Many restaurant brands have found themselves in a predicament when it comes to delivery.
Fifty-four percent of adults now consider purchasing takeout or delivery food essential to the way they live, with delivery accounting for approximately 9% of total U.S. restaurant sales. Furthermore, IMARC Group expects the global online food delivery market to reach $223.7 billion by 2027, exhibiting at a growth rate of 11.44% over the next five years.
And yet, the industry is still down 750,000 jobs—roughly 6% of its workforce—from pre-pandemic levels as of May.
How do you satisfy growing consumer demand for delivery when you’re short-staffed?
Stiff competition for workers and a tight budget may seem insurmountable, but you’d be surprised what even the most resource-strapped brand can achieve with the right tech stack and some strategic planning.
Restaurants of all service models can take steps to streamline operations and reduce stress for staff, all while providing guests with the convenient delivery experience they crave.
Start with these seven tactics:
1. Pare down your delivery menu
Offer a limited or less complex delivery menu using guest feedback and order history as your guide. Identify opportunities to simplify recipes using fewer ingredients and carefully consider how well the food will travel. Regularly test different delivery menu items to ensure guests are getting the best off-premise dining experience possible.
2. Create separate areas for delivery prep and handoff
When a restaurant is short-staffed, the potential for confusion and mistakes goes way up. You can help create a smooth process for staff, delivery couriers, and guests by assigning separate areas for delivery prep and handoff with prominent, straightforward signage.
3. Designate a team member to oversee delivery orders
If your restaurant is receiving 30+ delivery orders per day, name a Delivery Specialist to oversee each part of the order lifecycle: receiving orders, preparing food for handoff, checking for accuracy, passing food from kitchen to courier, and providing communication and support for delivery issues. Alternatively, if the order volume isn’t high enough to demand a full-time role, make it the responsibility of one of your team members to ensure delivery orders are not overlooked at the beginning of their shift.
4. Integrate all online orders with the POS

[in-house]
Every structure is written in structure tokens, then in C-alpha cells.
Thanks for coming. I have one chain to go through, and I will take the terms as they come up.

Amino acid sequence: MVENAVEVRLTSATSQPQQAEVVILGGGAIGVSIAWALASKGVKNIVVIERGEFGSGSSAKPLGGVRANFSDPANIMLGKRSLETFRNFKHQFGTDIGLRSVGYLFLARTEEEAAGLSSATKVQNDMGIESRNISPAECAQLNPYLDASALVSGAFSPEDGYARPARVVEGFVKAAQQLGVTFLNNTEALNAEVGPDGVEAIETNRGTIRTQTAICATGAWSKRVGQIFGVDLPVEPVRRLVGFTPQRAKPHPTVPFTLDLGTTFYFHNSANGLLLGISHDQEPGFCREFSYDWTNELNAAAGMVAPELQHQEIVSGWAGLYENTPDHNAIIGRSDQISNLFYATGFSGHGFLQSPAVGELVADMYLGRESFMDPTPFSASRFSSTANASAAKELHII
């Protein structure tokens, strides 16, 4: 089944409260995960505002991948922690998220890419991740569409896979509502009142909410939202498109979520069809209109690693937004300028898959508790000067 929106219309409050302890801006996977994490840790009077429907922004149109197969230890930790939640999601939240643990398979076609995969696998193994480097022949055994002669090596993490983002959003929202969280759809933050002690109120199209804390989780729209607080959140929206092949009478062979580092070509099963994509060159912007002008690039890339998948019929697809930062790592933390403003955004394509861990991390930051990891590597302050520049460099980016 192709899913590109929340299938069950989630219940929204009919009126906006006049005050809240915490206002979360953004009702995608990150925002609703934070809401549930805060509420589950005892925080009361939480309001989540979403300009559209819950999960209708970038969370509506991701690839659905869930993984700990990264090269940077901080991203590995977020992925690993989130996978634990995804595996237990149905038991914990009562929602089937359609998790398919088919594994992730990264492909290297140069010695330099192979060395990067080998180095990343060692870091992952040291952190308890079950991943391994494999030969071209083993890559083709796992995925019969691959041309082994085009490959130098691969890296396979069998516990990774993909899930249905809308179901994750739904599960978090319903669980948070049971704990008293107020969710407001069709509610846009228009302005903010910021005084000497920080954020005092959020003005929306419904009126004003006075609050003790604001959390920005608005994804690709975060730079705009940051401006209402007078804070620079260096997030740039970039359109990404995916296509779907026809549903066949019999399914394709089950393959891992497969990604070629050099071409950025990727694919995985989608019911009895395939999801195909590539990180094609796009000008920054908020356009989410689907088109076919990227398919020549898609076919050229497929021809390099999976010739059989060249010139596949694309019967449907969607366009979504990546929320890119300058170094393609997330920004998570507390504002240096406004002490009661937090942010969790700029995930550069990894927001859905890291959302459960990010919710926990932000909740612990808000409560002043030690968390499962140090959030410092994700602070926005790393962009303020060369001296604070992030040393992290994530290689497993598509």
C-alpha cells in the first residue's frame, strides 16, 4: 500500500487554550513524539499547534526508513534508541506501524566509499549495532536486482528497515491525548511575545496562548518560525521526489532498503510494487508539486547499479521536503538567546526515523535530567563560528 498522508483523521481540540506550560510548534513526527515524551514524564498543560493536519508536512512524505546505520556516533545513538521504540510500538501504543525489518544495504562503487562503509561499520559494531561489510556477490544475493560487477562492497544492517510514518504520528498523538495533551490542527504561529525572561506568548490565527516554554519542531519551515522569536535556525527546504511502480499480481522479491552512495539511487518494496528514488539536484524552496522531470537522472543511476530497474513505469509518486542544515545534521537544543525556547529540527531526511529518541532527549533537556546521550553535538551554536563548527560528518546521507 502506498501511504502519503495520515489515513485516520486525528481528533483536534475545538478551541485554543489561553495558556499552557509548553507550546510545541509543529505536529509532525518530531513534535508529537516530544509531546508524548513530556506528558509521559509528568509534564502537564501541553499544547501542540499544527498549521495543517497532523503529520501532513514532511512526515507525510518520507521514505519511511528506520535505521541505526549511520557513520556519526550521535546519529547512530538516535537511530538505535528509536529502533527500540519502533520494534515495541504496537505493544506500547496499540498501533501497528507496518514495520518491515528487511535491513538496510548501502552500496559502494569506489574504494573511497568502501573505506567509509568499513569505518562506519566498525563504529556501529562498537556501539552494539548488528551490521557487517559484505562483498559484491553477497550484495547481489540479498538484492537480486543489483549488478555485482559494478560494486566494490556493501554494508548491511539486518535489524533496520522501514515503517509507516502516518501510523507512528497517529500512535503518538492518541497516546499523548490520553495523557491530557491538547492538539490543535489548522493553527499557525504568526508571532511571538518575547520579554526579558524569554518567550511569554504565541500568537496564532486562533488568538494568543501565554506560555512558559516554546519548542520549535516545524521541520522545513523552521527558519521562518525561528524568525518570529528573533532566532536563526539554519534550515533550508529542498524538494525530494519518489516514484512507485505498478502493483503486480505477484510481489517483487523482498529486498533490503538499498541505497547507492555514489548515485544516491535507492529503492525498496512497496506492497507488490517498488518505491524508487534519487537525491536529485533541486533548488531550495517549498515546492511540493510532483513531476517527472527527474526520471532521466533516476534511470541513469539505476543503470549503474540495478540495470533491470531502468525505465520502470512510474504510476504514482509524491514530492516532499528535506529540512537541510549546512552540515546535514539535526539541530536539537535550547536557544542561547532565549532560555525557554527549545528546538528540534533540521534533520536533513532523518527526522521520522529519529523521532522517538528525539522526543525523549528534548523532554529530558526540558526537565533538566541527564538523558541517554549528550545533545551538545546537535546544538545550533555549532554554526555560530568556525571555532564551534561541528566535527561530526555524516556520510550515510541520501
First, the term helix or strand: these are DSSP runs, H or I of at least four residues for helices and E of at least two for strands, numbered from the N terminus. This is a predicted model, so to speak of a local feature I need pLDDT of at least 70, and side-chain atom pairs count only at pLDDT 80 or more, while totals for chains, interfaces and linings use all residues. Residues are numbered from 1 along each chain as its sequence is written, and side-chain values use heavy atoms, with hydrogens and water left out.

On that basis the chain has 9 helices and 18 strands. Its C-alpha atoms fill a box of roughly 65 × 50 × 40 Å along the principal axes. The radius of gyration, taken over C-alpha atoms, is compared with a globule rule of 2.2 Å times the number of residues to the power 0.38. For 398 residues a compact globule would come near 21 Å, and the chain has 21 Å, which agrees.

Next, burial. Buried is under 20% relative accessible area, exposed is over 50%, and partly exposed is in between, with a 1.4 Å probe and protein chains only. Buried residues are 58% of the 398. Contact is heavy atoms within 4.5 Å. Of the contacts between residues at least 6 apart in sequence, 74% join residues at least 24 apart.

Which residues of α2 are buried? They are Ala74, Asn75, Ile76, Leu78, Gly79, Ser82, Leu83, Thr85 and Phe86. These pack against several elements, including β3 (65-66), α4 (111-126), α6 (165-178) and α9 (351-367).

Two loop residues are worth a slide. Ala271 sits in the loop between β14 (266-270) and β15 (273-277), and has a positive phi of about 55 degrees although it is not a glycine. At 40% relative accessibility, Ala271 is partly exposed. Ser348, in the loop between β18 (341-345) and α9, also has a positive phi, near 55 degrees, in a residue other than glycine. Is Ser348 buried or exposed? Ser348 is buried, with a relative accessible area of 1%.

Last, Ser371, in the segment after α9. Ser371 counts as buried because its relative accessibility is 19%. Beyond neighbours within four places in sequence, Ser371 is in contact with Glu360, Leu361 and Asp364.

Consolidate all online orders—direct, third-party, delivery, and pickup—into one dashboard through a single digital commerce engine so that your staff doesn’t have to juggle multiple tablets or manually input transactions into the POS. You’ll spend less time training, improve order accuracy, boost guest satisfaction, and reduce employee stress.
5. Prep what you can beforehand
Think about what can be done during the pre-shift prep period to speed up the delivery process. Have restaurant staff members fill sauce containers, pre-package sides, fold to-go boxes, and other related tasks to boost efficiency and decrease anxiety during peak-volume times.
6. Control delivery order volume with throttling
To control the volume of delivery orders that restaurant locations receive within a particular time frame, brands can take advantage of order throttling strategies. By setting a maximum number of make-time minutes or orders-per-window that can be accepted during a certain time slot, you can ensure that delivery orders get fulfilled in a timely manner and staff aren’t overwhelmed.
7. Leverage an integrated delivery network
Managing a courier fleet in-house can be stressful and expensive. By tapping into an integrated delivery network, restaurants can offer direct delivery without the hassle or commissions. Here’s how it works: Delivery orders placed on your restaurant website or app are automatically paired with third-party couriers so guests get a seamless experience, while you control the order data, guest relationship, and revenue.
To find out how Olo can help launch or strengthen your delivery program, contact us today.
Photo Credit: Rodnae Productions from Pexels